3 Things Pharmacists Should Know About Neglected Tropical Diseases

JANUARY 11, 2016
The World Health Organization classifies 17 diseases as neglected tropical diseases (NTDs), which are a diverse group of communicable diseases that affect more than 1 billion individuals in 149 countries.1
 
NTDs disproportionately affect those living in poverty, who often have inadequate sanitation and come in close contact with animals and insects that can transmit disease.
 
Since many NTDs never appear in pharmacy school textbooks, here are 3 things you need to know about them:
 
1. Tropical Does Not Mean Exotic
Just because these communicable diseases are most often transmitted in the tropics and subtropics doesn’t mean they are only encountered there. Many NTDs affect patients in the United States, Canada, and Europe, particularly immigrants from endemic regions.2
 
One example is Chagas disease, which primarily affects immigrants from Latin America.3
 
Chagas disease, or American trypanosomiasis, is caused by the protozoan parasite Trypanosoma cruzi and most commonly transmitted by the blood-feeding triatomine bug, though it can also be transmitted through transfusion of contaminated blood, organ transplantation, and congenitally from mother to child.
 
There is both an acute and chronic phase of the disease. In the chronic phase, patients may develop cardiac complications (eg, arrhythmias and heart failure) and gastrointestinal complications (eg, dilation of the esophagus or colon).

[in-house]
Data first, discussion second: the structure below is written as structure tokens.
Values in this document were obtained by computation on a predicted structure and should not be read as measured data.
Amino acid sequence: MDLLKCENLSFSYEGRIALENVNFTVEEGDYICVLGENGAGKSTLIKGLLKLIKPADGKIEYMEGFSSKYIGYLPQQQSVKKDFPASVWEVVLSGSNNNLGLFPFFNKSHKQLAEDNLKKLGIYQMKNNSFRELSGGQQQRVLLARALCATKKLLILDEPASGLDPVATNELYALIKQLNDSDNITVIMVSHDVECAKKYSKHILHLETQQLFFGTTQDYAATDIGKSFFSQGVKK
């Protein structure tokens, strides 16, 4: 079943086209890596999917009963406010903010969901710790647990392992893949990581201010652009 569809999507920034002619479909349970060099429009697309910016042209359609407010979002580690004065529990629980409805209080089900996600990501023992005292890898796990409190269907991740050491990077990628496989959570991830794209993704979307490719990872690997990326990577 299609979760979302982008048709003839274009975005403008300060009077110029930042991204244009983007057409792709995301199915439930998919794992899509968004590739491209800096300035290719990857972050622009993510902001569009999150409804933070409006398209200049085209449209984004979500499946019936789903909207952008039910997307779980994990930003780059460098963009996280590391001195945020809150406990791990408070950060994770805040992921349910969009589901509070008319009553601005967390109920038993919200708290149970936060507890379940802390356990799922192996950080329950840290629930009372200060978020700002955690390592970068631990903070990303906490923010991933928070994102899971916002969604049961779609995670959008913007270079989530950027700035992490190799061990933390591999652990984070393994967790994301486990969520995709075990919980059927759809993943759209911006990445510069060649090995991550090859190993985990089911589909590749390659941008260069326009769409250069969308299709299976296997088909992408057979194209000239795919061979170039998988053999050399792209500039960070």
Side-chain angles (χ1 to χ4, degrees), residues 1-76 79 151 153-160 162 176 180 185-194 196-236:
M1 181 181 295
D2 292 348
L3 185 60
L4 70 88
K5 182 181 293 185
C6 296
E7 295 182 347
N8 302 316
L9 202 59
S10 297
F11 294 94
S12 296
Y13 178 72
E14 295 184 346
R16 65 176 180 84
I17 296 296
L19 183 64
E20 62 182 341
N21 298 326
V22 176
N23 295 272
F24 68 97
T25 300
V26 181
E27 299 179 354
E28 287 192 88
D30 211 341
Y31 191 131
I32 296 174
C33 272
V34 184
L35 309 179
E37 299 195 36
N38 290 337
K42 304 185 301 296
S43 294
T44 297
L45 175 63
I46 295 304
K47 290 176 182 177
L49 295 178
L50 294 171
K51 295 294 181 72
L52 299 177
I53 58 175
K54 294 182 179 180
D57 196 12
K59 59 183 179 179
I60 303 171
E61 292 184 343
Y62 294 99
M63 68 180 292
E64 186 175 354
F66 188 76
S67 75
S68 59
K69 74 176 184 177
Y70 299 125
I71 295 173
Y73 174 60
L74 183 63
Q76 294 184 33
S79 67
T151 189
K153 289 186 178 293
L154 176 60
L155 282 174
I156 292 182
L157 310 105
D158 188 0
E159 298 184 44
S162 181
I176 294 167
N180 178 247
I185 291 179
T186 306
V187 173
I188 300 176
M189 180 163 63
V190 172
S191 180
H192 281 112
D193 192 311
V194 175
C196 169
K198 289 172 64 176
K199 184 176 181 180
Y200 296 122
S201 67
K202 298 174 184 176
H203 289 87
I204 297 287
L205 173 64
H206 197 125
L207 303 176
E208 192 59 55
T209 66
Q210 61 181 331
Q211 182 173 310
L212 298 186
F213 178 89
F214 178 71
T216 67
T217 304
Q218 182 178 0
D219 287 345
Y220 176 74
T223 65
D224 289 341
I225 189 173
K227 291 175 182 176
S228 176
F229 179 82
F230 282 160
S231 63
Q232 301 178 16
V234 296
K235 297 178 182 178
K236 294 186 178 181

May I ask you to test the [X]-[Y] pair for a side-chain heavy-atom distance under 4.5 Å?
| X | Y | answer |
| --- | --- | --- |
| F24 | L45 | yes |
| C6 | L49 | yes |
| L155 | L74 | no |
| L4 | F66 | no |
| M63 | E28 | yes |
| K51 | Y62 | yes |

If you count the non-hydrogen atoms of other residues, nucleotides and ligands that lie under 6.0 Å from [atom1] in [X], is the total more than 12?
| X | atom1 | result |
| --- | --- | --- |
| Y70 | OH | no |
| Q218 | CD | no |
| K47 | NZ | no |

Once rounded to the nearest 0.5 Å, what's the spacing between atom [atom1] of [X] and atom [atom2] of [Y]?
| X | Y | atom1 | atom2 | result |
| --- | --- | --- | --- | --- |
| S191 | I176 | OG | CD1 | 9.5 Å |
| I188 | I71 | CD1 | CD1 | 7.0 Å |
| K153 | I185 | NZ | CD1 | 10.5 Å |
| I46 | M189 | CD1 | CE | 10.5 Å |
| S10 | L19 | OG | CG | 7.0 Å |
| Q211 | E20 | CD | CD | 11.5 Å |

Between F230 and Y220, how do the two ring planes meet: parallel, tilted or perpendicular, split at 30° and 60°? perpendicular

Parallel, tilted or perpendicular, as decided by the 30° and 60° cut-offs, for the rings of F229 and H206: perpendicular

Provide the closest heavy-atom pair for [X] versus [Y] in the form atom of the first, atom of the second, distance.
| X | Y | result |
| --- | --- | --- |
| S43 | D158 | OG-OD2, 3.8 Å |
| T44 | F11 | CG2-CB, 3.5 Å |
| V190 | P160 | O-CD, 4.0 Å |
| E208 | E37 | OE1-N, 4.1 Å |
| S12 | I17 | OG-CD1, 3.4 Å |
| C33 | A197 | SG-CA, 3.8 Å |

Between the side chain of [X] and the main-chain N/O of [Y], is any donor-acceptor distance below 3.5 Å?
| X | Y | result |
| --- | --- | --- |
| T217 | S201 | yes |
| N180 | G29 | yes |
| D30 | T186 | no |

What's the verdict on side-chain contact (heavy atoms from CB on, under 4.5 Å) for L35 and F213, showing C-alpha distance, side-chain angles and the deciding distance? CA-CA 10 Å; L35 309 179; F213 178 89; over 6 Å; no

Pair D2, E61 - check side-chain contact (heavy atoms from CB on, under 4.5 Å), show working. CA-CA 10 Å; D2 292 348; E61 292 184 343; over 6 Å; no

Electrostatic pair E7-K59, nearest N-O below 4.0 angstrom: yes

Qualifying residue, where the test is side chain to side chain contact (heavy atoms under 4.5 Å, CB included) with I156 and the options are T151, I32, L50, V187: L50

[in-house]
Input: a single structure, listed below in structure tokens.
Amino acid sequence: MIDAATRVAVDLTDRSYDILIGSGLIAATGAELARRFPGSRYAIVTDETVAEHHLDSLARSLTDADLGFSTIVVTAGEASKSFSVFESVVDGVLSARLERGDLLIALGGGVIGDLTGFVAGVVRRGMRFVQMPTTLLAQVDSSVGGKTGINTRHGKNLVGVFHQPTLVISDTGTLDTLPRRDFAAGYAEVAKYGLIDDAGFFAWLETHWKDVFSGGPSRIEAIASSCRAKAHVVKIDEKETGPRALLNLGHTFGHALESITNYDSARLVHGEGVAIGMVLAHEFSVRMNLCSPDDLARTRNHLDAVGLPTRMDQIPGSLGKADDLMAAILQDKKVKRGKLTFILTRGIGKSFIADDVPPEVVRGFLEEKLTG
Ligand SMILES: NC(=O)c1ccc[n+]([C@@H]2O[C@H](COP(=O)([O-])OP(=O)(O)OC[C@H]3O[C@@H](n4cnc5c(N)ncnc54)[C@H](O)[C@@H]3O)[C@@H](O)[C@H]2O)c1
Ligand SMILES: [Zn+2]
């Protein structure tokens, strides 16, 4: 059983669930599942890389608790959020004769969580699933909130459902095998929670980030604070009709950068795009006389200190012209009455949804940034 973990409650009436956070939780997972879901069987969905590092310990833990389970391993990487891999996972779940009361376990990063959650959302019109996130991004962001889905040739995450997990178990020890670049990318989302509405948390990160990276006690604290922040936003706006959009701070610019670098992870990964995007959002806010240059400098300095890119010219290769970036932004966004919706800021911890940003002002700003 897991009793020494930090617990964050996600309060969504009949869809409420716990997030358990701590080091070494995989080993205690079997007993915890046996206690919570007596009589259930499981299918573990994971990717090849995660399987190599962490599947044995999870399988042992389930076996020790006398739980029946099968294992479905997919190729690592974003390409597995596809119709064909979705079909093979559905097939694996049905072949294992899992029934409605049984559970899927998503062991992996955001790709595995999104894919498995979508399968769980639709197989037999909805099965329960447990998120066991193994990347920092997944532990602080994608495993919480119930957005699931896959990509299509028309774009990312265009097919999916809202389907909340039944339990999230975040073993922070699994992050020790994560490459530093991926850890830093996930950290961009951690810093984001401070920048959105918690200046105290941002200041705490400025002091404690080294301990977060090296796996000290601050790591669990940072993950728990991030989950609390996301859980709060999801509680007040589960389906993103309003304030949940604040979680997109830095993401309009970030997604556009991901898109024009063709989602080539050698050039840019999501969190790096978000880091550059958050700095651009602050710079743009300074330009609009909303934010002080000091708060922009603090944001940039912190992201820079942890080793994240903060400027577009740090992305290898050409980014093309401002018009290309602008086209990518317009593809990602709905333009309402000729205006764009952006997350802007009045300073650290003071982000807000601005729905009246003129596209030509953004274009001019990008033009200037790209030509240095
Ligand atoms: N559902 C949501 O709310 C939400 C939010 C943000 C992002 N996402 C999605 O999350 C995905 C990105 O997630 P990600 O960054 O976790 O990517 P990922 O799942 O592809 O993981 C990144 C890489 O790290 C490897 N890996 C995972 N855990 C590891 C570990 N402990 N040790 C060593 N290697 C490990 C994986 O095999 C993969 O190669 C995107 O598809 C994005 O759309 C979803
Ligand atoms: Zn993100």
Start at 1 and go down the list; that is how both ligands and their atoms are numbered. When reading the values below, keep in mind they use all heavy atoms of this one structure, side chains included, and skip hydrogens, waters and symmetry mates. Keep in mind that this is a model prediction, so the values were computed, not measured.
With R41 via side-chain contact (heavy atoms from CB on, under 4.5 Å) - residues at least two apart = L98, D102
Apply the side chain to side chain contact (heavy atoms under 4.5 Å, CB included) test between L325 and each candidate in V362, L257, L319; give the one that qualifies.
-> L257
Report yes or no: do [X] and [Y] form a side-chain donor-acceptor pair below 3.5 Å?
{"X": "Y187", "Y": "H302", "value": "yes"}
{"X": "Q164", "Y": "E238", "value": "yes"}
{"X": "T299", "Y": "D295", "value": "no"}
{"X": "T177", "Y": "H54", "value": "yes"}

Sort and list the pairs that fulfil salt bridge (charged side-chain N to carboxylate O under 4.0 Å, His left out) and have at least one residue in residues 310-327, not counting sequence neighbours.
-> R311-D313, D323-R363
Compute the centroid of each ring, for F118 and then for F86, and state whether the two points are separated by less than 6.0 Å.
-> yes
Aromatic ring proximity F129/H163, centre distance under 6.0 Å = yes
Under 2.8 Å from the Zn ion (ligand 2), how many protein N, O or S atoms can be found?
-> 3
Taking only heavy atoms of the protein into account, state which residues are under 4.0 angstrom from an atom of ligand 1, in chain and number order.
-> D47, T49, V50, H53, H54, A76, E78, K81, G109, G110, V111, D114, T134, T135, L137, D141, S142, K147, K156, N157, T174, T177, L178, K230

Although approximately 8 million individuals are infected in Latin America, the US Centers for Disease Control and Prevention estimates that at least 300,000 people in the United States have Chagas disease.
 
If you have a substantial patient population from Mexico, Central America, or South America, you will very likely encounter a patient with undiagnosed or diagnosed Chagas disease at some point.
 


Matthew Romo, PharmD, MPH
Matthew Romo, PharmD, MPH
Matthew L. Romo, PharmD, MPH, is a pharmacist and epidemiologist experienced in international and immigrant health. He received his pharmacy degree from the Massachusetts College of Pharmacy and Health Sciences and his public health degree from the CUNY School of Public Health.
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